Several of us believe that it was because of our sins that Jesus died, so some say, “Our sins killed Jesus,” but is that accurate? Didn’t Jesus die to cleanse us from our sins or was He killed by our sins? Our sins didn’t necessarily kill Jesus, because He willingly gave His life as a ransom for many (Mark 10:45). Don’t get me wrong. Jesus had to die in order for us to be saved, but the plan from before time was for Jesus to enter into human flesh (John 1:1-14), live a perfect, sinless life, and then suffer, die, and rise on the third day. Our sins made it necessary for Jesus to die, so in that sense, our sins seemed to have caused His death, but this is all part of the sovereign plan of God, and in that plan, which began before earth existed, I believe we finally find the One Who killed Jesus.

Who Killed Jesus?

If you’ve ever read Isaiah the Prophet, and in particular, Isaiah 53, you probably know that Jesus is the suffering servant, and that “he was pierced for our transgressions [and] he was crushed for our iniquities” (Isaiah 53:5), so Jesus had to die for our sins because “we like sheep have gone astray; we have turned—every one—to his own way; and the LORD has laid on him the iniquity of us all” (Isaiah 53:6). This was also the will of the Jews too to have Jesus crucified, but we would have never willed that Jesus died, but if we had our way, we’d all die in our sins without a Savior, but again, this would have never happened if it was not the will of the Father, so we know “it was the will of the LORD to crush him; he has put him to grief” (Isaiah 53:10). He died for us but not because of us. It was the Father’s will. When Peter tried to talk Jesus out of going to the cross, which we too might have done, Jesus rebuked Peter, saying, “Get behind me, Satan! You are a hindrance to me. For you are not setting your mind on the things of God, but on the things of man” (Matt 16:23). To put the exclamation point on the fact that the Father killed Jesus, and that it was for our sakes, “Jesus said to Peter, “Put your sword into its sheath; shall I not drink the cup that the Father has given me” (John 18:11)? This is the cup that the Father gave Jesus. The very reason He came into the world. Even though Jesus prayed three times to have this cup removed, He knew it was the Father’s will, and submitted to it completely.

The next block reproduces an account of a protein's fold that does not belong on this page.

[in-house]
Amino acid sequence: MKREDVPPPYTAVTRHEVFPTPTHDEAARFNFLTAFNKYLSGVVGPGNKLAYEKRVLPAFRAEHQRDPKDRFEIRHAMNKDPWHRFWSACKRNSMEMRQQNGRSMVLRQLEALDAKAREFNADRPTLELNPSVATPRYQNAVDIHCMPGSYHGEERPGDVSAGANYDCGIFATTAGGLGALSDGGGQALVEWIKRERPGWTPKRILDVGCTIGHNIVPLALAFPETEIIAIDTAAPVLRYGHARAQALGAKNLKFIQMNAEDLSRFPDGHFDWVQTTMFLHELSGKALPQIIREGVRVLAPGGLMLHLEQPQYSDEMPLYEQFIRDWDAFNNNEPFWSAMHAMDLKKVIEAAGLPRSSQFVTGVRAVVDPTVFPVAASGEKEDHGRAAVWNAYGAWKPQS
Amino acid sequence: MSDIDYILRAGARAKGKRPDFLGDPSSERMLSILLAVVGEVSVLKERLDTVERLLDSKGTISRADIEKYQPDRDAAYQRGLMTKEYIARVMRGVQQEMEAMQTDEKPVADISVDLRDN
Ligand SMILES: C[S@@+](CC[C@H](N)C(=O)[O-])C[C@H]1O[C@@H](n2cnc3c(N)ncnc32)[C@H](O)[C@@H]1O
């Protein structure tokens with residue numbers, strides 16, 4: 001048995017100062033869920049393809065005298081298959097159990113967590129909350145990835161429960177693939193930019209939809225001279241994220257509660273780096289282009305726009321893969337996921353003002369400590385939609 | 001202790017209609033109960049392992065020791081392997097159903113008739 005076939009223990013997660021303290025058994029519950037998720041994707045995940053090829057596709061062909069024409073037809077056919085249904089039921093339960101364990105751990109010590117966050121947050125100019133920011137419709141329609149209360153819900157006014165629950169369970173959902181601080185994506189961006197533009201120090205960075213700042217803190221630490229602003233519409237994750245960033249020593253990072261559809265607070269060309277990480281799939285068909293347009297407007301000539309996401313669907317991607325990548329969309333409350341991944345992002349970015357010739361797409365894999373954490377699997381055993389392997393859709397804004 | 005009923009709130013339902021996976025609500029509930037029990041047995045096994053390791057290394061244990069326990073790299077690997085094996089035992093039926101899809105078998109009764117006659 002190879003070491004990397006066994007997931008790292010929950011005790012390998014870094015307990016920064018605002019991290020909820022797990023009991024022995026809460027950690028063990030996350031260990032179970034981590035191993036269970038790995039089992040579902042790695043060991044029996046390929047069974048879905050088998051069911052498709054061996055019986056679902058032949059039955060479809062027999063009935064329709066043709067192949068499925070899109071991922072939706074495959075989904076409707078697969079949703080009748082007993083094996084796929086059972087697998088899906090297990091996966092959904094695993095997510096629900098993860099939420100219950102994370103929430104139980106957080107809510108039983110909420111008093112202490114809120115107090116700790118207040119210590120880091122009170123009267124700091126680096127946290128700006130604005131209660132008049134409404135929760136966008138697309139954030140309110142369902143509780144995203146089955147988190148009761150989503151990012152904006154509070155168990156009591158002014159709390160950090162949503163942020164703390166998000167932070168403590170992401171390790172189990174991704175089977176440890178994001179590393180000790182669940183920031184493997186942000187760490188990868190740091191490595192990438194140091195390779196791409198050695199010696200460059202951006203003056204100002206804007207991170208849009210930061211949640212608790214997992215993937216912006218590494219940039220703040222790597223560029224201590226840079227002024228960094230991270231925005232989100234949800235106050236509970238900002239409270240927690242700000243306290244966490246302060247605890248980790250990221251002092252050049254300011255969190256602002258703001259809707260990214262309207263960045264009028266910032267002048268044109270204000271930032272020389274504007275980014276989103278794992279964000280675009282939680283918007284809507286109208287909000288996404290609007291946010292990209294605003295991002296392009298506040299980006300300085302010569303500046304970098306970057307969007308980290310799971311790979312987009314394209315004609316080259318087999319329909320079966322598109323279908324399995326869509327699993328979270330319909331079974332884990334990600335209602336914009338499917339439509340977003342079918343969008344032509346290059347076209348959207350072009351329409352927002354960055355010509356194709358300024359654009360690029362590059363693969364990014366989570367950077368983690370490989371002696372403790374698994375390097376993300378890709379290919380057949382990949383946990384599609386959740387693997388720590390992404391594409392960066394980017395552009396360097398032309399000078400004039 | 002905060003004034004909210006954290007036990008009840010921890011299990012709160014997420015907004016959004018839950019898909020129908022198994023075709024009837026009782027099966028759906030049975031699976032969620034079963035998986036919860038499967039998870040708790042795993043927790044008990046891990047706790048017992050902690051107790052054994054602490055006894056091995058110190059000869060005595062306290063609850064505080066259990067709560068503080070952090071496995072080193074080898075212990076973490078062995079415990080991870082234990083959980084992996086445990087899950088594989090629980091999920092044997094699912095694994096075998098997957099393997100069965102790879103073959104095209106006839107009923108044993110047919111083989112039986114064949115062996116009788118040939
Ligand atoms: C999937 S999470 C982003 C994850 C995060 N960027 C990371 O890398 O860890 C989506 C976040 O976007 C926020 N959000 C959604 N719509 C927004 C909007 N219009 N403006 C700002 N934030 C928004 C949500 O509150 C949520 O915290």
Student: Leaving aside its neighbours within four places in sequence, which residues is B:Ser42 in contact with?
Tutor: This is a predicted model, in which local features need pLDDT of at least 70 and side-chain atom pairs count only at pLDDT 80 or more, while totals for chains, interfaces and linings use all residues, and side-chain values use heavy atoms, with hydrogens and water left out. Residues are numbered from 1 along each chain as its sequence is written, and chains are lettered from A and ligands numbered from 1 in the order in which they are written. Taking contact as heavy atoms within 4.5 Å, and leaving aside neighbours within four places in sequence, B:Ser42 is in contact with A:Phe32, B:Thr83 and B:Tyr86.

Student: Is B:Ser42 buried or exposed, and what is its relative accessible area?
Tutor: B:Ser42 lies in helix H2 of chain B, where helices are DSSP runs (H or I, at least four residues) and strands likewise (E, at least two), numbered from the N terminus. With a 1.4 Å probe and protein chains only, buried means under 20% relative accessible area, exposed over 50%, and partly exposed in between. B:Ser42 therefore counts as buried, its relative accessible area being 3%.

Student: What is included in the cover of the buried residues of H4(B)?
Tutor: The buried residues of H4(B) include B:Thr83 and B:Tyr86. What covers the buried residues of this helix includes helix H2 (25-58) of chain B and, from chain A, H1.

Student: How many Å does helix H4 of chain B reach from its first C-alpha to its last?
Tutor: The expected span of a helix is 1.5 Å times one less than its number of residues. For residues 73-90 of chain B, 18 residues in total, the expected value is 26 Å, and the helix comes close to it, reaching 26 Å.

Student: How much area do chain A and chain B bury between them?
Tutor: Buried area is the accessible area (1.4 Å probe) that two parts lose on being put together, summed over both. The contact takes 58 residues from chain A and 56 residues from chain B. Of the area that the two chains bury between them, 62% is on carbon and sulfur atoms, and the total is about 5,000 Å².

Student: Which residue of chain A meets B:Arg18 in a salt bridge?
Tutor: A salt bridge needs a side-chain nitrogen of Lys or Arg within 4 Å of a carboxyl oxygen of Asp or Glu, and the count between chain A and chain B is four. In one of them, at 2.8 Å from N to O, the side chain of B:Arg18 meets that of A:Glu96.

Oh praise and give thanks to God you saints of God. Give thanks to God that it was Father’s will that Jesus “poured out his soul to death and was numbered with the transgressors; yet he bore the sin of many, and makes intercession for the transgressors” (Isaiah 53:12), however, all Three Persons of the Trinity had been in full agreement about this. Their wills were all joined perfectly. Even now Jesus prays for us, as He said, “I do not ask for these only, but also for those who will believe in me through their word, that they may all be one, just as you, Father, are in me, and I in you, that they also may be in us, so that the world may believe that you have sent me” (John 17:20-21)? Jesus became mortal to make us immortal, and so “he had to be made like his brothers in every respect, so that he might become a merciful and faithful high priest in the service of God, to make propitiation for the sins of the people” (Heb 2:17), “Therefore, brothers, since we have confidence to enter the holy places by the blood of Jesus” (Heb 10:19). All because it was the Father’s will that Jesus would die for sinners, and since nothing happens outside of the sovereign will of God, it was the Father’s will to bruise Him and to pierce Him, but even greater, to “pour out his soul to death” so that He might bear “the sin of many.” Thank you Father, and thank you Jesus, and thank you Holy Spirit.

Here is some related reading for you: Why Did Jesus Say On The Cross That God Had Forsaken Him

Resource – Scripture quotations are from The Holy Bible, English Standard Version® (ESV®), Crossway Bibles. (2007). ESV: Study Bible : English standard version. Wheaton, Ill: Crossway Bibles. Used by permission. All rights reserved.